Saving Yourself for Marriage: A Quaint New Custom for the Next Generation

01/01/2009 05:12 am ET | Updated May 25, 2011
  • Esther J. Cepeda Opinion journalist and an expert on the issues of U.S. Hispanics/Latinos

Back in 1996, when Melody LaLuz turned 16, she'd already seen it all: friends gettin' busy, gettin' sick and gettin' pregnant, and she wasn't having any of it.

When she learned that 2,000 teenage girls get pregnant everyday and 52,000 cases of sexually transmitted diseases are diagnosed daily (10,000 in teenagers) at a True Love Waits assembly at Lane Technical High School, she vowed to stay a virgin until she got married. What Melody didn't expect was that no one, not even her family, would think this was a good idea.

"I went home and I said, 'Mami -- I'm going to wait until I get married to have sex' and she was skeptical," a now 28-year-old Melody told me four days before her wedding this Saturday. "She said 'How is this possible? Oh my god you're not going to be able to get a man! And what if you married and you're not compatible?'"

And so, four days before their wedding night, Melody the 28-year-old virgin and Claudaniel Fabien her 30-year-old "renewed-virgin" fiancé who's been abstinent for the past seven years -- who have never even tongue-kissed!!! -- addressed the question of ... compatibility.

"Well, if we don't get it right the first time we're going to do it again, and, again and again!" laughed Claudaniel, better known to his friends as CD.

Uhhhhhh...but seriously, what if it's a flop? I mean, geez, not even any kissing?!?!

"I told her if we date I don't even want to kiss until we get married -- I'm not going to start something we can't finish!" CD said. "There is such a sexual tension between us, we have to keep physical boundaries ... no we don't have any fears or concerns that physically anyone's going to be inept."

Melody and CD met in July 2006 in a New York airport as they were waiting for a plane to Uganda, where they were headed on an abstinence mission trip to teach young people in the AIDS-ravaged countryside the value of blood-testing, commitment and faithfulness. As they visited orphanages bursting with over 2,000 children who were orphaned by AIDS-stricken parents, the couple sparked a friendship which will culminate on Saturday with their first kiss -- after they're pronounced man and wife.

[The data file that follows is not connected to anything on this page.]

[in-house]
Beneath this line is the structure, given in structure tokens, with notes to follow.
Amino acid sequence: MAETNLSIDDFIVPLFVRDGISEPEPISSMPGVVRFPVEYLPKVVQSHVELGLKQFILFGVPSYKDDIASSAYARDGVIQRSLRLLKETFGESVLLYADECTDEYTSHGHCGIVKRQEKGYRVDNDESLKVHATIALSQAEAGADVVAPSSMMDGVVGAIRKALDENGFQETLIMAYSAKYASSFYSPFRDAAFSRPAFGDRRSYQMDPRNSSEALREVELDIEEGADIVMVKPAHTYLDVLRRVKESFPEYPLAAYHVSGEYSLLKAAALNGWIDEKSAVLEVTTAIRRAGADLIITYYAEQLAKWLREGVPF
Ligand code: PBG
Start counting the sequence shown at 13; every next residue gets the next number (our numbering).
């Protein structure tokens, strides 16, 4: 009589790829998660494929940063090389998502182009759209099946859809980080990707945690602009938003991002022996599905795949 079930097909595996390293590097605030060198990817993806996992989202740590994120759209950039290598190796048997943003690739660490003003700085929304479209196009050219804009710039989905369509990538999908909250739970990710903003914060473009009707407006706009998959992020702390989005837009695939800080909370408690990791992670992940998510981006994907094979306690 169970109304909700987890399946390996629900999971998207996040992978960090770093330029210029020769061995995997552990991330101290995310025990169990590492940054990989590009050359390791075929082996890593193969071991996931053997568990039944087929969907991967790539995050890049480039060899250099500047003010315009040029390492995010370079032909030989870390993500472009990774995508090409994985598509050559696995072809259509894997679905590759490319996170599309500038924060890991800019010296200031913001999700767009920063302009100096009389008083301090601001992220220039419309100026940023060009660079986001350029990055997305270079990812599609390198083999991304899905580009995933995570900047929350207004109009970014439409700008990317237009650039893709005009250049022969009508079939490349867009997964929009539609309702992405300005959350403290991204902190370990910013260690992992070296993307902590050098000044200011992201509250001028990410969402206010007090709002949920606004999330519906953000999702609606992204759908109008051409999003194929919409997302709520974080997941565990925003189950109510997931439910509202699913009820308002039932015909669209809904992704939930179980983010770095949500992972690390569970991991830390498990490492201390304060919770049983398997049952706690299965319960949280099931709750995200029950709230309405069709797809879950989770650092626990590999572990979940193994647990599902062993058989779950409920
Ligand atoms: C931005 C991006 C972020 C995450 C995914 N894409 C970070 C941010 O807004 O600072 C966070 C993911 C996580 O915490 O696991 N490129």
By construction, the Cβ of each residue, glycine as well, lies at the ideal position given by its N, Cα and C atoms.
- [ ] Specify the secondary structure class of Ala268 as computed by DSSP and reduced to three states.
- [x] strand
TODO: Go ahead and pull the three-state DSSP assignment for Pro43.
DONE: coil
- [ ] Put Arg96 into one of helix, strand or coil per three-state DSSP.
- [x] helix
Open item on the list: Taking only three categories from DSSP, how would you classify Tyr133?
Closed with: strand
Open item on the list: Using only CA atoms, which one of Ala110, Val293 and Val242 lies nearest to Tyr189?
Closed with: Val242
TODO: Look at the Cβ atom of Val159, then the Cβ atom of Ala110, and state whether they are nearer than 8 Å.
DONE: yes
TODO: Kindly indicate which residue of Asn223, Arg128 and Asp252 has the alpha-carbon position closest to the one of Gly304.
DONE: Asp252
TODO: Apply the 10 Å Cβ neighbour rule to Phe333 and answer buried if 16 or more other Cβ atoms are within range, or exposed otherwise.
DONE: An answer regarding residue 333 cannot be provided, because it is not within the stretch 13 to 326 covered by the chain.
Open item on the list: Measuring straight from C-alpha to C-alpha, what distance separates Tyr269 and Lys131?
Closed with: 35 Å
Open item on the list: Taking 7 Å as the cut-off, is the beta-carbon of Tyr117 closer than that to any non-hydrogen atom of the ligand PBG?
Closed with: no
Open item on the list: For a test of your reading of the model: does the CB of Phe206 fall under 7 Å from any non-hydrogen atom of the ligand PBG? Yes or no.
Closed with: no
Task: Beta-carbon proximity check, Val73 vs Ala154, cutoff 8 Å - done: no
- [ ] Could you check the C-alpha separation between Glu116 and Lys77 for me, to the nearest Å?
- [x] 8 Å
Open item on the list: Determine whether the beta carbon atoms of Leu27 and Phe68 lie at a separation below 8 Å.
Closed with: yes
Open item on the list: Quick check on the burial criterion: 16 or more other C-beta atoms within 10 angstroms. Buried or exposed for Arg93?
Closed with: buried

So what's it like being pure in the 21st century?

"People would always tell me I was crazy, they'd say 'Girrrrrl you do not know what you're missing!' I'd say 'What am I missing, baby-mama-drama, getting herpes?'" Melody said. "The young woman who came to talk to us at school was gorgeous and so I thought, 'See? I can be fine and abstinent.' Today I go around talking to other young women and being that living role model." Melody is now a program director for the What's Good abstinence program which operates out of the Lydia Home on the Northwest side of Chicago.

CD, who sowed his wild oats as a freshman at college then made the commitment to value and respect himself and others on a way-deeper-than-surface level, responded to my pointed inquiry about whether their respective pledges were an expression of a freakishly deep religious faith.

"When we're in the schools we intentionally don't talk too much about our faith because this message is for those who walk with the faith and for those who do not," CD, now also an abstinence educator and a news editor for the Confederation of Spanish-American Families said. "The religion -- that's a completely different talk, that's not the be-all-and-end-all of the abstinence message. This movement is for everyone, it's to have a healthy lifestyle regardless. I don't ever want people to feel like they got Jesus after talking to us, no."

"We're both Christians," Melody chimed in, "but it's more to do with our spirituality because your belief system affects your values. The principles that are behind this -- self-control, delay of self-gratification, a vision and goal for a future -- are just useful in life."

And how well does their example go over in the Latino community where teen girls get pregnant at a rate of twice the national average every year?

"We're both from broken homes and both felt the repercussions but it's still hard," Melody said. "We've both had those moments where people aren't havin' it. Being a Latina livin' in the 'hood near Logan Square I hear a lot of 'I don't want it, don't need it!' but I'm surrounded by people already on their second marriage, having had one or two abortions ... there's a mentality in the 'hood that that's just the way it is. No! It doesn't have to be that way."

But, even Melody and CD will readily admit that their chosen path hasn't been easy. Frankly, during the course of our conversation I intuited (while blushing profusely) that while they've savored their journey together, they're realllllly ready for it to be over.

I won't go into specifics, but if there are news reports of a mild earthquake in the Chicagoland area Saturday night, you'll know why!

"There is such a desire -- but it's rooted in deep friendship, love, and respect. Our desire for each other is based on love and concern for the other person." CD gushed as he visualized their wedding night. "There's nothing like knowing someone loves you 100%. We're not afraid. We're looking forward to it like crazy."